The Double Bind in Writing

Nonfiction by | December 4, 2016

Friends, lovers of literature, dreamers in writing and in life, good morning.

When I left Davao years ago, I left in tears. My students gave me a truly memorable despedida – I felt that I was already dead, and their testimonies were eulogies for someone who had reached the end of his tether. Davao will always hold a special place in my heart, and I feel no different from Pres. Digong when he sighs in a special way and always yearns to come back here, to the consternation of a lot of people in Manila. “The city of my last breath,” the poet Ricardo de Ungria calls this place, and I always heave that same sigh when I utter the name of this beloved city.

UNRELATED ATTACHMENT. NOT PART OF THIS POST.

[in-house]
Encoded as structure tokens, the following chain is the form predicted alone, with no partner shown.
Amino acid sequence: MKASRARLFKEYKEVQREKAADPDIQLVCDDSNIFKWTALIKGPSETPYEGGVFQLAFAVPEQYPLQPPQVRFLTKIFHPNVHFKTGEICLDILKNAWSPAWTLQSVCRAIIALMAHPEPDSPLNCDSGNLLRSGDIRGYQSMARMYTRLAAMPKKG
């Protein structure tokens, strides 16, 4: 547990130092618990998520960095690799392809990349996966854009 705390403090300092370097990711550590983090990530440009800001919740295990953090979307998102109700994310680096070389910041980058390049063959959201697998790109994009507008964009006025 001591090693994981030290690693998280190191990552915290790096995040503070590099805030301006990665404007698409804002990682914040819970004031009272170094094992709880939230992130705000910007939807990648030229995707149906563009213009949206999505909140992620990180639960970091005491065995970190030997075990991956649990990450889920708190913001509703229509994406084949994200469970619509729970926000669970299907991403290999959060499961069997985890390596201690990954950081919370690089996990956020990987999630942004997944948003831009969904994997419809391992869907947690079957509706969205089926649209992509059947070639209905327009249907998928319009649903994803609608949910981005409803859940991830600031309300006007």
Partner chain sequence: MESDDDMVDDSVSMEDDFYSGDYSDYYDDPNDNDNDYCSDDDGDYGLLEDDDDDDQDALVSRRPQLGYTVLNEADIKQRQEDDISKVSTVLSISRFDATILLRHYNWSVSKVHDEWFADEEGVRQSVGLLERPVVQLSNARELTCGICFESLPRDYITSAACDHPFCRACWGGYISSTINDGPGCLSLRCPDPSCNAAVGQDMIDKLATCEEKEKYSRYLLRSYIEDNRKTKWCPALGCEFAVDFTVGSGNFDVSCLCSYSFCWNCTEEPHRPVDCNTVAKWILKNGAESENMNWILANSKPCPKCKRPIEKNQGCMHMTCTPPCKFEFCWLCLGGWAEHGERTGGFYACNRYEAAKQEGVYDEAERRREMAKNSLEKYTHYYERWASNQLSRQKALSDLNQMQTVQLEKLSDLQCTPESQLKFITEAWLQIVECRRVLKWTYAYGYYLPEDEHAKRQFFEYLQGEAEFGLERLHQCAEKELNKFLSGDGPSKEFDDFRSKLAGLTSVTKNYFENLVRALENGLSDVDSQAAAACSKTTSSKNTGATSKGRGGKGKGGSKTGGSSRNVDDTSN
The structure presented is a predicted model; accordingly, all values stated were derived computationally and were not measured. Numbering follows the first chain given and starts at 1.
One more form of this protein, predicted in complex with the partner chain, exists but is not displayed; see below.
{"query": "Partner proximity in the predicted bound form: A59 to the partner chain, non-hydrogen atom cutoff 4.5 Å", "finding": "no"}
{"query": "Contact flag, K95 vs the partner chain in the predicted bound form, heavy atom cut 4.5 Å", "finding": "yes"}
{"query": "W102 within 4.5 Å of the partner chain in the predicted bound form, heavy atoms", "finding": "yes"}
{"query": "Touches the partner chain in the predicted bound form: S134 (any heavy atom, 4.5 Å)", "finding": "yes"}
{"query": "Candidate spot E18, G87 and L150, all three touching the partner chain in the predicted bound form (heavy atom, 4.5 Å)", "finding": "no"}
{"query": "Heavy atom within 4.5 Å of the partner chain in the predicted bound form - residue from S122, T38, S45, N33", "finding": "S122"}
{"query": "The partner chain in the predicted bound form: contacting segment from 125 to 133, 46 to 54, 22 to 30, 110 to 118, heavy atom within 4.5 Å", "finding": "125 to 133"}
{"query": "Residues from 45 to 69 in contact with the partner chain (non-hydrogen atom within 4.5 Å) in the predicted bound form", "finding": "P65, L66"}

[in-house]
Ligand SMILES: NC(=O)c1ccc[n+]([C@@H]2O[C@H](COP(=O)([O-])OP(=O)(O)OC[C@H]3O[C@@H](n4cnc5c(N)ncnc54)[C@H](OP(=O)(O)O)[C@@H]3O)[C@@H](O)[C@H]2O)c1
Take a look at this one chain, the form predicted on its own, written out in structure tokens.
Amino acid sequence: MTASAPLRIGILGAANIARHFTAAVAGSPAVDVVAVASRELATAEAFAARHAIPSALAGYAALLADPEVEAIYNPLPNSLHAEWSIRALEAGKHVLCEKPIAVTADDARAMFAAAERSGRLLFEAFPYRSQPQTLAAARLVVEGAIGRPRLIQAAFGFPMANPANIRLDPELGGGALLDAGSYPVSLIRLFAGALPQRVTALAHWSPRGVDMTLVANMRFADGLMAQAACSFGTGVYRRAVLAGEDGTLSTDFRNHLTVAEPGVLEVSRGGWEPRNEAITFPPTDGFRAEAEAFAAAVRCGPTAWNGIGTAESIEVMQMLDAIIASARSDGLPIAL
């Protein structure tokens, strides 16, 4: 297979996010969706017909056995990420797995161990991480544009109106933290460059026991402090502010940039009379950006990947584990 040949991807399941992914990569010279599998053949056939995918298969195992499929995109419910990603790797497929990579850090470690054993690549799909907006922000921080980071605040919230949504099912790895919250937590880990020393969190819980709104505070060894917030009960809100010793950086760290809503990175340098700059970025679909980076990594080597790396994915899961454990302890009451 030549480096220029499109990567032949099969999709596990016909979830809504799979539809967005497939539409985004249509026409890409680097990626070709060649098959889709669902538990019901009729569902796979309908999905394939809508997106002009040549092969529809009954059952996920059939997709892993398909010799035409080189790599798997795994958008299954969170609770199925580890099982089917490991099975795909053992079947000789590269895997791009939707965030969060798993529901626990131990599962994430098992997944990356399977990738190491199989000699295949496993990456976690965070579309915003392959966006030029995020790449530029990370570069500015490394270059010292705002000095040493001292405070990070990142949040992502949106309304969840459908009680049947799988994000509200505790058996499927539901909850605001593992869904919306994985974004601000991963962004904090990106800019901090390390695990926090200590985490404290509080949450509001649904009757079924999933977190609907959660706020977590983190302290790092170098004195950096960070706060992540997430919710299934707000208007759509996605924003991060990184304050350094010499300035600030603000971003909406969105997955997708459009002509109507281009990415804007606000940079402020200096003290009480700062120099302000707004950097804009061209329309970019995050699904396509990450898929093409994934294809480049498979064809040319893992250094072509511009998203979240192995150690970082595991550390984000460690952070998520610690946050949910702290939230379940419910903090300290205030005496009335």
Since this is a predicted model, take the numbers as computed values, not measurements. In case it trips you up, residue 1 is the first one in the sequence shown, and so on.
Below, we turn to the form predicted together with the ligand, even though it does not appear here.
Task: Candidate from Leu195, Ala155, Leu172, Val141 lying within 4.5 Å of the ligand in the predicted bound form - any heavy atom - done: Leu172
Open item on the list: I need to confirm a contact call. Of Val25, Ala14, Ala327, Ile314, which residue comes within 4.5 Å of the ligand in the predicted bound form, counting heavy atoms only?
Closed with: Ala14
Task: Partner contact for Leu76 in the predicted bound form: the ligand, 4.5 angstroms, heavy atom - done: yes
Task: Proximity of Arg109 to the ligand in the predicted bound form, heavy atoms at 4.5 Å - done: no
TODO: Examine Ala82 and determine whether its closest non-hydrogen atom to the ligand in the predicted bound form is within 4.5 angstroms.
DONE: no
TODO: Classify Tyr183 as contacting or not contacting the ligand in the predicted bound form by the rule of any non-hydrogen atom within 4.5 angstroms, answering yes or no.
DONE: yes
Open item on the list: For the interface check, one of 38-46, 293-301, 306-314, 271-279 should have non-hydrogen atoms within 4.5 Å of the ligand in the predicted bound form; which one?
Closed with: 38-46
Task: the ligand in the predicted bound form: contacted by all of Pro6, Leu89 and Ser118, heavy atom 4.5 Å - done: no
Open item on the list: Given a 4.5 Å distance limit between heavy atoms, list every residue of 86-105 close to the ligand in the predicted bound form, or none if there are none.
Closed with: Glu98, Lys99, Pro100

I came here in 1999 thinking of myself as a literary missionary. After 15 years in Dumaguete City where the first writers workshop in the country was established in Silliman University by the Tiempos, I arrived here at the turn of the 21st century thinking that it would be a literary desert. But I was immediately embraced upon arrival by the founding members of the Davao Writers Guild – Aida Rivera-Ford, TIta Lacambra-Ayala, Ricardo de Ungria, Macario Tiu, and many others who like me, seemed to have idealized and romanticized their experience of the writers workshop in Dumaguete and wanted to establish one here, too.

Now it feels that that dreaming has borne fruit. My former students have taken the helm of the Writers Guild and I see a vibrant literary culture among the young people here in Mindanao. It takes time to cultivate a literary generation, in the same way that a single writer has to know how to make his writing, his life, and his environment merge into a confluence of what the French call “belle lettres” (beautiful writing). Continue reading The Double Bind in Writing